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Giant plankton-eating fish of the Mesozoic

Not directly dinosaur-related, but interesting nonetheless because of the 
impact on marine Mesozoic ecosystems.  A new paper in Science provides a reason 
for why there are no unambiguous plankton-eating reptiles in the Mesozoic: they 
were muscled out by big fishies.  The following paper describes two new genera 
of planktivorous fishes (_Rhinconichthys_ and _Bonnerichthys_), part of a 
radiation of planktivorous stem teleosts (Pachycormidae) that continued to the 
end of the Cretaceous.

Although certain plesiosaurs have been described as "filter-feeders" (e.g., 
_Aristonectes_, _Kaiwhekea_), with the small teeth and wide jaws used to strain 
out small prey, it's my understanding that this is not true "filter-feeding" (=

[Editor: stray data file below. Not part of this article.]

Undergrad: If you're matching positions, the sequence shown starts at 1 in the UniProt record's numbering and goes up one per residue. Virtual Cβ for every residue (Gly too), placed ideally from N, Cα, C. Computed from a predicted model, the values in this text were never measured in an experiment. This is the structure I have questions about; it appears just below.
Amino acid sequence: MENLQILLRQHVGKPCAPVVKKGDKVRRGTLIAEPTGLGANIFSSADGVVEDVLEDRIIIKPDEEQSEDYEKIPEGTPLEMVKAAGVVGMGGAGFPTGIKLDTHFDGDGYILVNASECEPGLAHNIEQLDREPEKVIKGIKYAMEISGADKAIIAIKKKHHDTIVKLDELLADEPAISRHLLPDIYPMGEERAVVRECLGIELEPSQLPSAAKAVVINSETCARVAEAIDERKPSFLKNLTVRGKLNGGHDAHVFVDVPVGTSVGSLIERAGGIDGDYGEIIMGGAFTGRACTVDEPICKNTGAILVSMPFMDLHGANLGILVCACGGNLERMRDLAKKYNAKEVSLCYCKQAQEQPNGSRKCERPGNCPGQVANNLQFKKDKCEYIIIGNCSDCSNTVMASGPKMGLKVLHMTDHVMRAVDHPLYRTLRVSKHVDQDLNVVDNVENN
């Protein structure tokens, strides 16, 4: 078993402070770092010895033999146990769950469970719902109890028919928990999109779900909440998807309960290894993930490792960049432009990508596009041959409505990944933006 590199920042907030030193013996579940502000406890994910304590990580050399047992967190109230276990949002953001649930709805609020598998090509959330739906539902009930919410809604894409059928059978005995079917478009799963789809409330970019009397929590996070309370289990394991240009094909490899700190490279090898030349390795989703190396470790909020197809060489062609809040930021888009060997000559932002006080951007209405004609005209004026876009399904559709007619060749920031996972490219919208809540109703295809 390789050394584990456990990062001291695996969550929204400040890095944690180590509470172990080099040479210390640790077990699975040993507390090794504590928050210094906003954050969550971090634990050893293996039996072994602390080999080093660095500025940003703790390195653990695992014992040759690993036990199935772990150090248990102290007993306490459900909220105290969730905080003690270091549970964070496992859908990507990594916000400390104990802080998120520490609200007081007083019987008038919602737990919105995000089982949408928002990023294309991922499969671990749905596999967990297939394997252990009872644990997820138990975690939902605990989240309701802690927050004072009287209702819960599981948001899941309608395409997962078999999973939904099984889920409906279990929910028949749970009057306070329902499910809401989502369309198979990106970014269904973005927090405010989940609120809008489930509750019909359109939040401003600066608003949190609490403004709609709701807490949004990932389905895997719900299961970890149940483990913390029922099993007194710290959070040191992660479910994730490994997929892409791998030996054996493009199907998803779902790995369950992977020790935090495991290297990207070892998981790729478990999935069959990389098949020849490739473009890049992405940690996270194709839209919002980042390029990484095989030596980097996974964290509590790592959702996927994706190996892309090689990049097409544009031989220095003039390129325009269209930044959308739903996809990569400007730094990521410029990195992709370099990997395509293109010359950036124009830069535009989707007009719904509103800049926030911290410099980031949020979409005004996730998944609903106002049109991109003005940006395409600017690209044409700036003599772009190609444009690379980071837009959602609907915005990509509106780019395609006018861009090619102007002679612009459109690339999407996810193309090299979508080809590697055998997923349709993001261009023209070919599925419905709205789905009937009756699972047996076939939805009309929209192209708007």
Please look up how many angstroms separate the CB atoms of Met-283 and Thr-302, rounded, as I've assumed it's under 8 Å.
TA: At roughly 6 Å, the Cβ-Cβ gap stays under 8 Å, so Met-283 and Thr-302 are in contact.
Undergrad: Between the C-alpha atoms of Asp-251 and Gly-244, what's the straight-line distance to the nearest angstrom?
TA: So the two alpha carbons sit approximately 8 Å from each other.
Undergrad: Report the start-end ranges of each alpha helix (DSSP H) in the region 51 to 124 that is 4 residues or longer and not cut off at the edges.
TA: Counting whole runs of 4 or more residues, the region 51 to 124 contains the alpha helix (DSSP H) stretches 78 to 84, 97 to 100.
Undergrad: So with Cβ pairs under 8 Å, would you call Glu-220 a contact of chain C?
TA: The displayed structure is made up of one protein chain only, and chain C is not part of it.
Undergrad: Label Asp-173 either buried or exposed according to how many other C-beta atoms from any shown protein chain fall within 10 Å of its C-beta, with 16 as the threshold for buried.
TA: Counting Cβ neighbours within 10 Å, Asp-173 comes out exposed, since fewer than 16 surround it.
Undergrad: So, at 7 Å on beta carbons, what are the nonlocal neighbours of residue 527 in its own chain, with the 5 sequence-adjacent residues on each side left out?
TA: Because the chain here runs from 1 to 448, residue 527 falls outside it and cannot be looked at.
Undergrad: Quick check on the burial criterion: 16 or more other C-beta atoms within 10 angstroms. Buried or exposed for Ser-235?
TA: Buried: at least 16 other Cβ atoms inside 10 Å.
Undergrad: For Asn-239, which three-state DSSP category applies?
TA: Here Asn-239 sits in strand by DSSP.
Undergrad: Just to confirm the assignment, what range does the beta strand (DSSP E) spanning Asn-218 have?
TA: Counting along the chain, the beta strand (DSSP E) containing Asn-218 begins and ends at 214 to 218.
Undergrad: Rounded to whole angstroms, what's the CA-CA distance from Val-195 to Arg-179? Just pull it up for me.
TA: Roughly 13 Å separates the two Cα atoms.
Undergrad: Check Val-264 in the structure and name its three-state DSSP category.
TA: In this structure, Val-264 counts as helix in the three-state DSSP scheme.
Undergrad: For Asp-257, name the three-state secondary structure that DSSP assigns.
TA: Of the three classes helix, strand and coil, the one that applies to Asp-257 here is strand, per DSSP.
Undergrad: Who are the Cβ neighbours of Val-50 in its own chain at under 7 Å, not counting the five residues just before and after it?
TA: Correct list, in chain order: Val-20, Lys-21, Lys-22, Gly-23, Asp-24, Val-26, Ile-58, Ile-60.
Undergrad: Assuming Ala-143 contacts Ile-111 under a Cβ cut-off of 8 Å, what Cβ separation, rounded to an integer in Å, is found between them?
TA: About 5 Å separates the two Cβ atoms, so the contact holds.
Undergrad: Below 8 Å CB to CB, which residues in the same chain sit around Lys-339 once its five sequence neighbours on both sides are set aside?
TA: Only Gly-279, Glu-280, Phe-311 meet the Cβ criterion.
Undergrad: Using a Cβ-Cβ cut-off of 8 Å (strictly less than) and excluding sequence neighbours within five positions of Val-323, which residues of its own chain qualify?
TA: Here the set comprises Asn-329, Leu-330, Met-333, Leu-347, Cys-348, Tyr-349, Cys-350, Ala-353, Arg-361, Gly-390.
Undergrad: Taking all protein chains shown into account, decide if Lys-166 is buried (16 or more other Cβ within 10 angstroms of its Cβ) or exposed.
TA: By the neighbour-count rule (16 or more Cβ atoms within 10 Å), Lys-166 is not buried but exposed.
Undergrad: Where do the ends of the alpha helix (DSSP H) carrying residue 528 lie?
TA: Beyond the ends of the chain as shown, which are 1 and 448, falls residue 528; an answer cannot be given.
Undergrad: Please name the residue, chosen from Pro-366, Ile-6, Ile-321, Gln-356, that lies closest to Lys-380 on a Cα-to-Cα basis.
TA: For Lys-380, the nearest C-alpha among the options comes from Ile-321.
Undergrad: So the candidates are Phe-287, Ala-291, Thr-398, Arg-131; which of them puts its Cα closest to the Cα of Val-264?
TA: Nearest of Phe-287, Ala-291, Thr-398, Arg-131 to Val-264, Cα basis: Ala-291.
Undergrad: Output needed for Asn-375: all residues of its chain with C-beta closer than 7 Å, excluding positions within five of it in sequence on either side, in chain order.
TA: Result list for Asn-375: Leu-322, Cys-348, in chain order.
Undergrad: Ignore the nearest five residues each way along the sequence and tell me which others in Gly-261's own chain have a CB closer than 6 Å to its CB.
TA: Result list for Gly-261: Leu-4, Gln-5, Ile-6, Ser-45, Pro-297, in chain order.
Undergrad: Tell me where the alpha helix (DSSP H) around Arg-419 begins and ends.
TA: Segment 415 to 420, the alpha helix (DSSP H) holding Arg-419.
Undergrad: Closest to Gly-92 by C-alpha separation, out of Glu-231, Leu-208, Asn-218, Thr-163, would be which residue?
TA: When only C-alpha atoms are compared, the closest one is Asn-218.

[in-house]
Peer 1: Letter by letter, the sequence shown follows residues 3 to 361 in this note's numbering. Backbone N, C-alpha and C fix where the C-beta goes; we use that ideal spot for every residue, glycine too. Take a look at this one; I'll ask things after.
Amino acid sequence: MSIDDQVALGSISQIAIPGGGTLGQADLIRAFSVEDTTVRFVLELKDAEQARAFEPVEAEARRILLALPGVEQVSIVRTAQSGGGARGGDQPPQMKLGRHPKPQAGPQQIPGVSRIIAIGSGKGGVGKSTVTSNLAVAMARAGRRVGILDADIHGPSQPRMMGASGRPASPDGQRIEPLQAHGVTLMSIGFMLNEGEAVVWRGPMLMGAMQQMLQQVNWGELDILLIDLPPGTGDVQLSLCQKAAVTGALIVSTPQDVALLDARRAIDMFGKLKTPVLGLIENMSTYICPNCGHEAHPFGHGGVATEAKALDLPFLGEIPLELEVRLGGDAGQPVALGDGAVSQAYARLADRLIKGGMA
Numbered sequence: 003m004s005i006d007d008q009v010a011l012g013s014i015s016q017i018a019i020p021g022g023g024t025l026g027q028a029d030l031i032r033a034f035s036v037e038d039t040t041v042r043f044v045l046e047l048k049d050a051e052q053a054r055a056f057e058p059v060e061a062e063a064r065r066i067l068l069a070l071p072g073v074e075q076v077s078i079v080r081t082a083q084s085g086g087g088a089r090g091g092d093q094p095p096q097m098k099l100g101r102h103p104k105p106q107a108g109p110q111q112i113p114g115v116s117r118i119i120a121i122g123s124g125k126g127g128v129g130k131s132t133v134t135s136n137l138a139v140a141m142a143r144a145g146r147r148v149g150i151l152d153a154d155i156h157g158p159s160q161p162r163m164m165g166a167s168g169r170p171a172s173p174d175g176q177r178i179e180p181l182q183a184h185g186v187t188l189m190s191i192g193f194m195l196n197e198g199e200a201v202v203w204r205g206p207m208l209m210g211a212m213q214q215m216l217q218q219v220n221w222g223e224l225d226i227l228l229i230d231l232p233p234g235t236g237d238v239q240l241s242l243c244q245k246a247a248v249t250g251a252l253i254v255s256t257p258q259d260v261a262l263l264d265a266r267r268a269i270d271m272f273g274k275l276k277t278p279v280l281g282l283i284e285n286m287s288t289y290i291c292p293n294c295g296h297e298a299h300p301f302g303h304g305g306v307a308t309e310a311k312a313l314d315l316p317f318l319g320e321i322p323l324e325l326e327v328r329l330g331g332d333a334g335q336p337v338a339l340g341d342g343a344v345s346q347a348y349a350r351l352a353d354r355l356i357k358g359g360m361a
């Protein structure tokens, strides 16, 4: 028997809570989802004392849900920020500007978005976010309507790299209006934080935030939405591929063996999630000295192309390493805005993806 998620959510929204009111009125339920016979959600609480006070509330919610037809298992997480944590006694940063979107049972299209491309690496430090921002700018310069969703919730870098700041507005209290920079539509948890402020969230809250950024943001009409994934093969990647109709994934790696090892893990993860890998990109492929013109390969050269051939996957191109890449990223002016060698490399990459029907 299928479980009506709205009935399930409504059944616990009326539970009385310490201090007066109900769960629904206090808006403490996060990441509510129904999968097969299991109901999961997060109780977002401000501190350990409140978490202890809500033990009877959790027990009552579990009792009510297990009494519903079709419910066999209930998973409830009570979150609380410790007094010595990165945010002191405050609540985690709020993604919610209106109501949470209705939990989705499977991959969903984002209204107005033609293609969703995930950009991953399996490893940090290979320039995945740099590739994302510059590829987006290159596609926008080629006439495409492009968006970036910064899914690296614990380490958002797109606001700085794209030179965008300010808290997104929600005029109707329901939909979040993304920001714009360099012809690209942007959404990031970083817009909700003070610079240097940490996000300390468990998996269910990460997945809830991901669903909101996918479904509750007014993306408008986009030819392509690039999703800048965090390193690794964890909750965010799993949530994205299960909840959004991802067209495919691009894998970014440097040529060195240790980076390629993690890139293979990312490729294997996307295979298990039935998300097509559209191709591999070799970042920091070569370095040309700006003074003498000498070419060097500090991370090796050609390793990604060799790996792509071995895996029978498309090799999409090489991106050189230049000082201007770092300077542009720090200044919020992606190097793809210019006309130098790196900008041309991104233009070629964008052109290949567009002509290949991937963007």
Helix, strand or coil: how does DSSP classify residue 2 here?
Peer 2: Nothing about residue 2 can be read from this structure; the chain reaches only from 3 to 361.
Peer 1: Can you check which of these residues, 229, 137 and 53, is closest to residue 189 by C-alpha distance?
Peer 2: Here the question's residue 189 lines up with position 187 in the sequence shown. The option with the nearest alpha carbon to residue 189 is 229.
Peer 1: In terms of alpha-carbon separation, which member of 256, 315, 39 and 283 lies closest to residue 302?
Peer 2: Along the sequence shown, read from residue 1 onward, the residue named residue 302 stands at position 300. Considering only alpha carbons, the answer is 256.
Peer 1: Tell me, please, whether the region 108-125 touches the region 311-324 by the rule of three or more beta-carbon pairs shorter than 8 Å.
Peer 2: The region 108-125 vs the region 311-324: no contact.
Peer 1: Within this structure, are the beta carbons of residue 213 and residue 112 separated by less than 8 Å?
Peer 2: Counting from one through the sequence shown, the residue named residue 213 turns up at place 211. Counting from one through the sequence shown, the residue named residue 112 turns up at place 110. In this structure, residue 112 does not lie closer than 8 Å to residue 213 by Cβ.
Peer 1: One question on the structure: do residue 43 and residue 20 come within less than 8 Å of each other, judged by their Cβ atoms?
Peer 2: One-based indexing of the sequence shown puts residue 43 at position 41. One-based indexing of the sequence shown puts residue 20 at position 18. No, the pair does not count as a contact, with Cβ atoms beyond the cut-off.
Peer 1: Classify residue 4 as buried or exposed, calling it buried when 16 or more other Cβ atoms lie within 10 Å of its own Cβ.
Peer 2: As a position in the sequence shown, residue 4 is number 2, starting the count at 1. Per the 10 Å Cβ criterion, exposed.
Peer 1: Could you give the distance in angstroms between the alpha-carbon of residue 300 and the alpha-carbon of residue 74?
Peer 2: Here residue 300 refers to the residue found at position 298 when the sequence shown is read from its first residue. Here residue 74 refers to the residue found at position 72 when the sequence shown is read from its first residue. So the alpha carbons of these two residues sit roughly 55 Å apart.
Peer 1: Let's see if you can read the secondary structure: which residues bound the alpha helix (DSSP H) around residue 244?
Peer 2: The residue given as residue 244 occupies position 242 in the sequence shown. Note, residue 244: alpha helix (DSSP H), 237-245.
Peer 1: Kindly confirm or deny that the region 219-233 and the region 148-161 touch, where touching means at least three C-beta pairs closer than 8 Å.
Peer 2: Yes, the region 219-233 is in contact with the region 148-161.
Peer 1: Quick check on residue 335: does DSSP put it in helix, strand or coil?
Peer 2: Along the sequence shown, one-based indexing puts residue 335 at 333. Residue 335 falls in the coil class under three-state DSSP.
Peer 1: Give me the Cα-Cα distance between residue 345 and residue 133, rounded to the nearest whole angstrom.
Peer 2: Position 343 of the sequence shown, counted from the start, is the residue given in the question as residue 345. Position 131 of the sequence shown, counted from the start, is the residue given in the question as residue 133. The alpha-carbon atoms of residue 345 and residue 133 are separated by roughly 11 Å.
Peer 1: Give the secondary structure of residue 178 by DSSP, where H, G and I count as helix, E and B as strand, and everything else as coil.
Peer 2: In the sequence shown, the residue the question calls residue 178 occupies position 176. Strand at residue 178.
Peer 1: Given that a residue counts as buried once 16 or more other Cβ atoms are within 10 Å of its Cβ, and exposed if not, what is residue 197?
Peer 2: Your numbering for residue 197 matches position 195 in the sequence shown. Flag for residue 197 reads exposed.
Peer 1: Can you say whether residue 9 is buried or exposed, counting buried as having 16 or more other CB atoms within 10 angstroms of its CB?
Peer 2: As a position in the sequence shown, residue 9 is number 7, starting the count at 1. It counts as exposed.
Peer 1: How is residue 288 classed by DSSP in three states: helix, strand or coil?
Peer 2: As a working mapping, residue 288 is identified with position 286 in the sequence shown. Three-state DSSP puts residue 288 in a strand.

suspension feeding).  Instead, these plesiosaurs might have had a feeding 
strategy more like the crab-eater seal, which has sieve-like teeth for trapping 

Friedman, M., Shimada, K., Martin, L.D., Everhart, M.J., Liston, J., Maltese, 
A., and Triebold, M. 100-Million-Year Dynasty of Giant Planktivorous Bony 
Fishes in the Mesozoic Seas.  DOI: 10.1126/science.1184743 Science 327, 990 

"Large-bodied suspension feeders (planktivores), which include the most massive 
animals to have ever lived, are conspicuously absent from Mesozoic marine 
environments.  The only clear representatives of this trophic guild in the 
Mesozoic have been an enigmatic and apparently short-lived Jurassic group of 
extinct pachycormid fishes.  Here, we report several new examples of these 
giant bony fishes from Asia, Europe, and North America.  These fossils provide 
the first detailed anatomical information on this poorly understood clade and 
extend its range from the lower Middle Jurassic to the end of the Cretaceous, 
showing that this group persisted for more than 100 million years.  Modern 
large-bodied, planktivorous vertebrates diversified after the extinction of 
pachycormids at the Cretaceous-Paleogene boundary, which is consistent with an 
opportunistic refilling of vacated ecospace."